The Temple of Hera at Olympia and Rome
Catherine Keesling, Georgetown University
Fri, 10/11 · 12:00 pm—1:30 pm · 209 Scheide Caldwell House
Program in the Ancient World
The Archaic temple of Hera at Olympia, its cult, and the objects displayed within it were described at some length by Pausanias in the second century CE (Paus. 5.16–20). Modern scholarly inquiry has focused mainly on the possibility that its stone columns were replacements for wooden ones, and on the marble statue of Hermes and the infant Dionysos attributed by Pausanias to Praxiteles. This talk concerns the cult and games of Hera at Olympia and the large assemblage of divine statues inside the temple. Though it has long been understood that these statues were collected and put on display in the Hera temple at a late date (the first century BCE or the first half of the first century AC), it has not been noticed that this collection has much in common with contemporary collections of Greek statues in Rome, in particular the statues displayed in the Porticus Octaviae. I will argue here that the cult of Hera at Olympia is also late in date: rather than an age-old tradition, it can be interpreted as an example of the invention of tradition by a Greek community under Roman rule.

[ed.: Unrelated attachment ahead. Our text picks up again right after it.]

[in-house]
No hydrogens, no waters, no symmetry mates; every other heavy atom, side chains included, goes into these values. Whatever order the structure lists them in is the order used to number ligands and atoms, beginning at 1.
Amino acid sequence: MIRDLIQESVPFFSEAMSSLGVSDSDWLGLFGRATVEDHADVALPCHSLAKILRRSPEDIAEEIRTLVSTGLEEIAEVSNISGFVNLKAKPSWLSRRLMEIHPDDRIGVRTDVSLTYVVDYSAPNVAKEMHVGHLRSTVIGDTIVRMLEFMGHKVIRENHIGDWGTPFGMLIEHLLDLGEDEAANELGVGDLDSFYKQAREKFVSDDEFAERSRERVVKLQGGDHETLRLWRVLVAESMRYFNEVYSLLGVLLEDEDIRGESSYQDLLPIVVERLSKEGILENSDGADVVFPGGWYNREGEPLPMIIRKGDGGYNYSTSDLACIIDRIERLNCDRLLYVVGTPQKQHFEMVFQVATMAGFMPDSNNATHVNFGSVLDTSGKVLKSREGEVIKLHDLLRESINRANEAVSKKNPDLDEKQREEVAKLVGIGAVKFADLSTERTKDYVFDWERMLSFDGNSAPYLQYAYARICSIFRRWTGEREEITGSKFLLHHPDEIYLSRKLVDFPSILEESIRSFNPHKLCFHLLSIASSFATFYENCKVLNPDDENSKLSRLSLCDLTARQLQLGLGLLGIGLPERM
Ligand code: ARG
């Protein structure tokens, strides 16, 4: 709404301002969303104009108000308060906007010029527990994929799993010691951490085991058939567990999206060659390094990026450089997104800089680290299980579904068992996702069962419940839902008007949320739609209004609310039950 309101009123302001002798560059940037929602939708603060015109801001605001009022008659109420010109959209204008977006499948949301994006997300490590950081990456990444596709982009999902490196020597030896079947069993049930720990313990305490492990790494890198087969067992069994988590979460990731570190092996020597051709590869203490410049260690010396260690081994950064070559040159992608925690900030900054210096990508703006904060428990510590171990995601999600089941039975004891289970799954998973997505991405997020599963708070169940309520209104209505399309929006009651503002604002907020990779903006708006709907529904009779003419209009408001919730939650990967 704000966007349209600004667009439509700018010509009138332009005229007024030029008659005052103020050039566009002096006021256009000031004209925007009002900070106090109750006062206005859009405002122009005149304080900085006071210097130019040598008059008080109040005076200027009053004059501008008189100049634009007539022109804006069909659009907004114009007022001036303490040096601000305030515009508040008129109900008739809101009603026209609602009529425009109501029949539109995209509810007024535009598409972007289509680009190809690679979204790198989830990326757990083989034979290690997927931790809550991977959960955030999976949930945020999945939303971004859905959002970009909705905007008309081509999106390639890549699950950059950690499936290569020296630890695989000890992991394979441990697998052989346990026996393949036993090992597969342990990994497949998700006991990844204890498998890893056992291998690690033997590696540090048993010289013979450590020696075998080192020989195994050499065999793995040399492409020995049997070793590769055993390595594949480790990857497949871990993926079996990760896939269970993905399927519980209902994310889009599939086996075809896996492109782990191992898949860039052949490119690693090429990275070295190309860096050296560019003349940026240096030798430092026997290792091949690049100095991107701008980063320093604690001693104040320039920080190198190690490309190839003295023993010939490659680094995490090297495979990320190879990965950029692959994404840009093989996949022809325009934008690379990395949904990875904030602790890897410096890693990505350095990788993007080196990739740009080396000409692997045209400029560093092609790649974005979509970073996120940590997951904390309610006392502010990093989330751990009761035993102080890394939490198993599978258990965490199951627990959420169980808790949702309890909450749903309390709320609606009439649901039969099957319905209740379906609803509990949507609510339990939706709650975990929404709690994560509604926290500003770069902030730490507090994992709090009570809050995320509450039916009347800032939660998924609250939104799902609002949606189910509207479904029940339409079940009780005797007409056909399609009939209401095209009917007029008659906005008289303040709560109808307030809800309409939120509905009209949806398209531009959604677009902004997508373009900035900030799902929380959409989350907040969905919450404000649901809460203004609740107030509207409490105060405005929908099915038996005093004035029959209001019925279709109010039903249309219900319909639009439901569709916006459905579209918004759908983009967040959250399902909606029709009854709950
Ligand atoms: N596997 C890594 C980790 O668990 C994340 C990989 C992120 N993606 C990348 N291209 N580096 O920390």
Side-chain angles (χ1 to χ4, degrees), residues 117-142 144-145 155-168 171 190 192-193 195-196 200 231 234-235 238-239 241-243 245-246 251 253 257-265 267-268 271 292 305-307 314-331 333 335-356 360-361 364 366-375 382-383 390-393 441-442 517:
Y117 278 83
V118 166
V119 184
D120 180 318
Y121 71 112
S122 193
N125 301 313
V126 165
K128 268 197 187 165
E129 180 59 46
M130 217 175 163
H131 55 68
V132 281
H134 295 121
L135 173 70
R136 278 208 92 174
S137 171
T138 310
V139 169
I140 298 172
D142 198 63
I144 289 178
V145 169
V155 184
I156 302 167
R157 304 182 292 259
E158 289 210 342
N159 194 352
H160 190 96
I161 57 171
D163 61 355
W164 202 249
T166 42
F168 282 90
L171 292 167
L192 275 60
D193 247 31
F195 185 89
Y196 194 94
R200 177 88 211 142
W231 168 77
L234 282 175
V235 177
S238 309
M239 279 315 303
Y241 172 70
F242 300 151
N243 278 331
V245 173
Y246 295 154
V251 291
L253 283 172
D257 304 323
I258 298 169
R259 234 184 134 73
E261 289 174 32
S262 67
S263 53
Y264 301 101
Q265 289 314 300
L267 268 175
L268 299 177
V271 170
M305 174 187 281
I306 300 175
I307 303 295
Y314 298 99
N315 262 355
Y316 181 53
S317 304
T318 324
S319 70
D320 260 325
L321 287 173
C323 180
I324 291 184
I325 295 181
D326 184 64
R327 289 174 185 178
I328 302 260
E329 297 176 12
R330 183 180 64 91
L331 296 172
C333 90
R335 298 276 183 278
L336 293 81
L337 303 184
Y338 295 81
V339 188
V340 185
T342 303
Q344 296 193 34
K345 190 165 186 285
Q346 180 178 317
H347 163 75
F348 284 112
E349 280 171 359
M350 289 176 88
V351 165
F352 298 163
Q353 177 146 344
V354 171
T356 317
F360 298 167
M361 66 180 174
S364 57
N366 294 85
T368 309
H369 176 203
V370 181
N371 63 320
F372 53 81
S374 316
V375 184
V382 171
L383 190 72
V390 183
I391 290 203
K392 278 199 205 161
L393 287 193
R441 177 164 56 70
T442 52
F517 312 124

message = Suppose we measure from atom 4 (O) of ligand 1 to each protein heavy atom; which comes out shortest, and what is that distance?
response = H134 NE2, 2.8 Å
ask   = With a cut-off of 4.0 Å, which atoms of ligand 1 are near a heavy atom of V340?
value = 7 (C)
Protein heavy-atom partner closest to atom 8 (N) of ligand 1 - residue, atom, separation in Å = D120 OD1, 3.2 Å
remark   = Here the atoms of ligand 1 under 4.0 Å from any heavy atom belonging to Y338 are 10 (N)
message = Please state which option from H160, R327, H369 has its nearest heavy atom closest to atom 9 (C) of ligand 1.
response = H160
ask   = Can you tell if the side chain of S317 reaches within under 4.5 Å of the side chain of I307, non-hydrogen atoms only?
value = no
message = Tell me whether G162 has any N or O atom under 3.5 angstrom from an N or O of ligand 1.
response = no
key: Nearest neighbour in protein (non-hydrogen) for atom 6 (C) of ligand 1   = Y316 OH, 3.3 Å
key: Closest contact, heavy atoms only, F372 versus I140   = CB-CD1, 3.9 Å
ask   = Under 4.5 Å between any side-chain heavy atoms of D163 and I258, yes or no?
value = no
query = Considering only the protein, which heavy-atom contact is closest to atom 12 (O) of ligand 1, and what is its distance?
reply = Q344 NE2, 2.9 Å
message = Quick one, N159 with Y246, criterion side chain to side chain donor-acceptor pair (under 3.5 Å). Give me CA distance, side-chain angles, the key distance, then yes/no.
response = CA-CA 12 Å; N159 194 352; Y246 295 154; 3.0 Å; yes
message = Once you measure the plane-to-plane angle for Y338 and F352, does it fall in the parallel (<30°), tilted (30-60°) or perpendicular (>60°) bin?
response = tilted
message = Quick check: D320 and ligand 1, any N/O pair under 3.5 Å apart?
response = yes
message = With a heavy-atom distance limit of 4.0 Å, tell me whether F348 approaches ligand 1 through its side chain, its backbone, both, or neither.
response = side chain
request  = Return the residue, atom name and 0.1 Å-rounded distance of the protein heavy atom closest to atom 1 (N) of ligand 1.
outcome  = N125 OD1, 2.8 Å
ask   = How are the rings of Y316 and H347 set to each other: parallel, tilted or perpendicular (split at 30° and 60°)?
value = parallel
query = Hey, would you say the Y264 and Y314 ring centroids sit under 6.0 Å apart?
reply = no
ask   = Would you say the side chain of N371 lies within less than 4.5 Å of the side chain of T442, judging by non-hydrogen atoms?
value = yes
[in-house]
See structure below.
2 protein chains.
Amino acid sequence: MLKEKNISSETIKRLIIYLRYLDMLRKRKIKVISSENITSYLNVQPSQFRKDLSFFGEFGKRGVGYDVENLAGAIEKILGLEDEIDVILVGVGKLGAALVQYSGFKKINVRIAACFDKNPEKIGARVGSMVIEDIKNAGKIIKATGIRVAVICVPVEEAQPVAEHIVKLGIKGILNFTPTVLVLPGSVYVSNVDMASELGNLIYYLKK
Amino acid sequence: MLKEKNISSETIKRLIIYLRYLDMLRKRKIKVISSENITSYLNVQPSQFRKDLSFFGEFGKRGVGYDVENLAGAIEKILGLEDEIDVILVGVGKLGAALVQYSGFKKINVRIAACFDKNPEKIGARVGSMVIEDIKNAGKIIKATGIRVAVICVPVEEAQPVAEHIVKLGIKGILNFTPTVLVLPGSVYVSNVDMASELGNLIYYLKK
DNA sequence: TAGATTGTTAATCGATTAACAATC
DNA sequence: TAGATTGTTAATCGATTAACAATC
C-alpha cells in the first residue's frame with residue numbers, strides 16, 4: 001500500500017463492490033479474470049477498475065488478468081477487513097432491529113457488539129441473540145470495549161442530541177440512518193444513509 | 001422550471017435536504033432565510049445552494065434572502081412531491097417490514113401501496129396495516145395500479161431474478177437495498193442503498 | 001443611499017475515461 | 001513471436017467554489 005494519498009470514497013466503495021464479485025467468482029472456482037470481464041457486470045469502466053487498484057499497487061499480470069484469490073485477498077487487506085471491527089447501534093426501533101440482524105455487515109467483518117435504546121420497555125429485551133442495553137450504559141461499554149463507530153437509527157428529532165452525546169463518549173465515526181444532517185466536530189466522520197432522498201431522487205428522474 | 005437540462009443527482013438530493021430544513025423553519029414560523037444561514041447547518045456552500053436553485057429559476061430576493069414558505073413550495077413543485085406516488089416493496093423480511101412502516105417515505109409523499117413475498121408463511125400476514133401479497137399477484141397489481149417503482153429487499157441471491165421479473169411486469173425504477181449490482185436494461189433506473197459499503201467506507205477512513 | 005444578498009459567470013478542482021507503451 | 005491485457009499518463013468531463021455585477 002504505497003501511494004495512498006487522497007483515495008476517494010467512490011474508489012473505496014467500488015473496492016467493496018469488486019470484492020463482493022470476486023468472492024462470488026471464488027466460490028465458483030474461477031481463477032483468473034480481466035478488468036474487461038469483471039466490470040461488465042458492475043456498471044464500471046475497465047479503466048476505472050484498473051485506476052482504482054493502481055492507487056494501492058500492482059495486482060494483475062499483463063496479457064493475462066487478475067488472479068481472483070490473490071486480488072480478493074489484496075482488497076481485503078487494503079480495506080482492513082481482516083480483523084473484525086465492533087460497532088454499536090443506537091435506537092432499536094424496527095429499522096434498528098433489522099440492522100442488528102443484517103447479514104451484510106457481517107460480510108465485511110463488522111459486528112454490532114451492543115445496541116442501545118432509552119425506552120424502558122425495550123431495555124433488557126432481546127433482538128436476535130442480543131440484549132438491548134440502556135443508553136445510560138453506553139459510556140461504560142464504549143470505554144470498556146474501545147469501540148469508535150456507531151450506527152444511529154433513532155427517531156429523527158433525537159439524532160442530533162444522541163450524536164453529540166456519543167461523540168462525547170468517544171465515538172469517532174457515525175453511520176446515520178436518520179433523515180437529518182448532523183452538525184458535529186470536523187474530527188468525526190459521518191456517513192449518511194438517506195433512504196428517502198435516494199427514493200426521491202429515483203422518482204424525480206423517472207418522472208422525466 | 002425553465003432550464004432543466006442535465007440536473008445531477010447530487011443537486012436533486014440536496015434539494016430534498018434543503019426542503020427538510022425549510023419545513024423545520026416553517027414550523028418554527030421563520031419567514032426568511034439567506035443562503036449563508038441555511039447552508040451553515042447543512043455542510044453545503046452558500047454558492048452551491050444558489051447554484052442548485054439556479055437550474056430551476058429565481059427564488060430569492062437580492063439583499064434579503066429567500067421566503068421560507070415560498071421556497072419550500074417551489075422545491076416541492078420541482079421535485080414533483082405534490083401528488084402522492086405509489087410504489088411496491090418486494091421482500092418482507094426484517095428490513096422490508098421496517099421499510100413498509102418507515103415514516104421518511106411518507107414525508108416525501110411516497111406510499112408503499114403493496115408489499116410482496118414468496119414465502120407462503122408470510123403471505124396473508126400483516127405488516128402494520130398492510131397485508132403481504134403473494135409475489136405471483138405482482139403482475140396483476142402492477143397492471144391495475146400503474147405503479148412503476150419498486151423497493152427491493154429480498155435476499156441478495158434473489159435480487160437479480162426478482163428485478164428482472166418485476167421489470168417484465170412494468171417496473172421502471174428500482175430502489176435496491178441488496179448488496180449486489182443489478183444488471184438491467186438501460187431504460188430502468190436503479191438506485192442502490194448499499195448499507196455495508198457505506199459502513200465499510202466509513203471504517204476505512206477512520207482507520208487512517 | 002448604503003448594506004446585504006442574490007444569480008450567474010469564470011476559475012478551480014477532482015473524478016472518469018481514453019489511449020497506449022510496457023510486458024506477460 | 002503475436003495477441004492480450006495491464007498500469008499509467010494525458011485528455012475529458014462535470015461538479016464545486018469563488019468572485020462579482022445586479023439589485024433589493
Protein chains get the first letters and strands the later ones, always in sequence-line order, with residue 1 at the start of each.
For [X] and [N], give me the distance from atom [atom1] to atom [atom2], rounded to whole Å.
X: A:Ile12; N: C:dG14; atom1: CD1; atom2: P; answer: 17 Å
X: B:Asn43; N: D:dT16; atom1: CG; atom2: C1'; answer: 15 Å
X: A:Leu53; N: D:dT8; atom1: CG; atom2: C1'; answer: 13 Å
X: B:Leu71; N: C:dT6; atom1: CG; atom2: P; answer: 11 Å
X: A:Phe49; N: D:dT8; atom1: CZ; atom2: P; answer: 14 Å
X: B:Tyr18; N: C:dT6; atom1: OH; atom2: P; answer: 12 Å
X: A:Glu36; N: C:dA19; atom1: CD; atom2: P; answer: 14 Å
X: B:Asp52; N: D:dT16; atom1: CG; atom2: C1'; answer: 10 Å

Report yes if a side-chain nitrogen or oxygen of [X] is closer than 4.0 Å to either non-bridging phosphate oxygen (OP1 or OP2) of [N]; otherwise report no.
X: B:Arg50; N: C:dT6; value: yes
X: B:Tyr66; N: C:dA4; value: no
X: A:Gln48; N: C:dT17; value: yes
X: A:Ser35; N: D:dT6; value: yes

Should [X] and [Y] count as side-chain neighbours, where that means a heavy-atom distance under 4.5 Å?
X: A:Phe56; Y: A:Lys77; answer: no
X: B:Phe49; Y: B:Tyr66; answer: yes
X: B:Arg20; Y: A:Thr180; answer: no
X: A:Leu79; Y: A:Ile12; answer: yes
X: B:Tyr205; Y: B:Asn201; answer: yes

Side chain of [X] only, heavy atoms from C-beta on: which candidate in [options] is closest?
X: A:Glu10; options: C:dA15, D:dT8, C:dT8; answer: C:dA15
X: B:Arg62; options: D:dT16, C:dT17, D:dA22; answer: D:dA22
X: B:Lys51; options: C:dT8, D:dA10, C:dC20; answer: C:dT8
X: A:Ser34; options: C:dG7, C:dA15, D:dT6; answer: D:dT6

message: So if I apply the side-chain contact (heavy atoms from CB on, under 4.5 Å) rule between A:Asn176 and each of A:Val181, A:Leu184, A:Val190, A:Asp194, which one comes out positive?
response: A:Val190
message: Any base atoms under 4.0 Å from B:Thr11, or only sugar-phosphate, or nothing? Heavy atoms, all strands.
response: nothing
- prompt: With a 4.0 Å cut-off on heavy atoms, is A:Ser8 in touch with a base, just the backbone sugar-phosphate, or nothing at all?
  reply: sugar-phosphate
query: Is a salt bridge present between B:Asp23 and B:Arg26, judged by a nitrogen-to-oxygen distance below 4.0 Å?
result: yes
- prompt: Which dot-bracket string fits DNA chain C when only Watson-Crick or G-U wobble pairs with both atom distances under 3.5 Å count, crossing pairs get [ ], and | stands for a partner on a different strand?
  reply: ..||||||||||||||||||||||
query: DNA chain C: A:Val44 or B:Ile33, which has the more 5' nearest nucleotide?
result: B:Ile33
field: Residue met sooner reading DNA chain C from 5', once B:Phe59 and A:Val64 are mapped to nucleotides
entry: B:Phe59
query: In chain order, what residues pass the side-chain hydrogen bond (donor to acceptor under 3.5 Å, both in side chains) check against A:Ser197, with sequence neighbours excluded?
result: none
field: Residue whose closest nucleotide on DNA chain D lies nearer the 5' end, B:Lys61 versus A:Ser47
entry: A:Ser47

Catherine Keesling is Professor of Classics at Georgetown University. She is the author of The Votive Statues of the Athenian Acropolis and Early Greek Portraiture: Monuments and Histories, both published by Cambridge University Press. Her research concerns the epigraphical evidence for Greek sculpture and, most recently, the afterlives of Greek statues in the Roman period.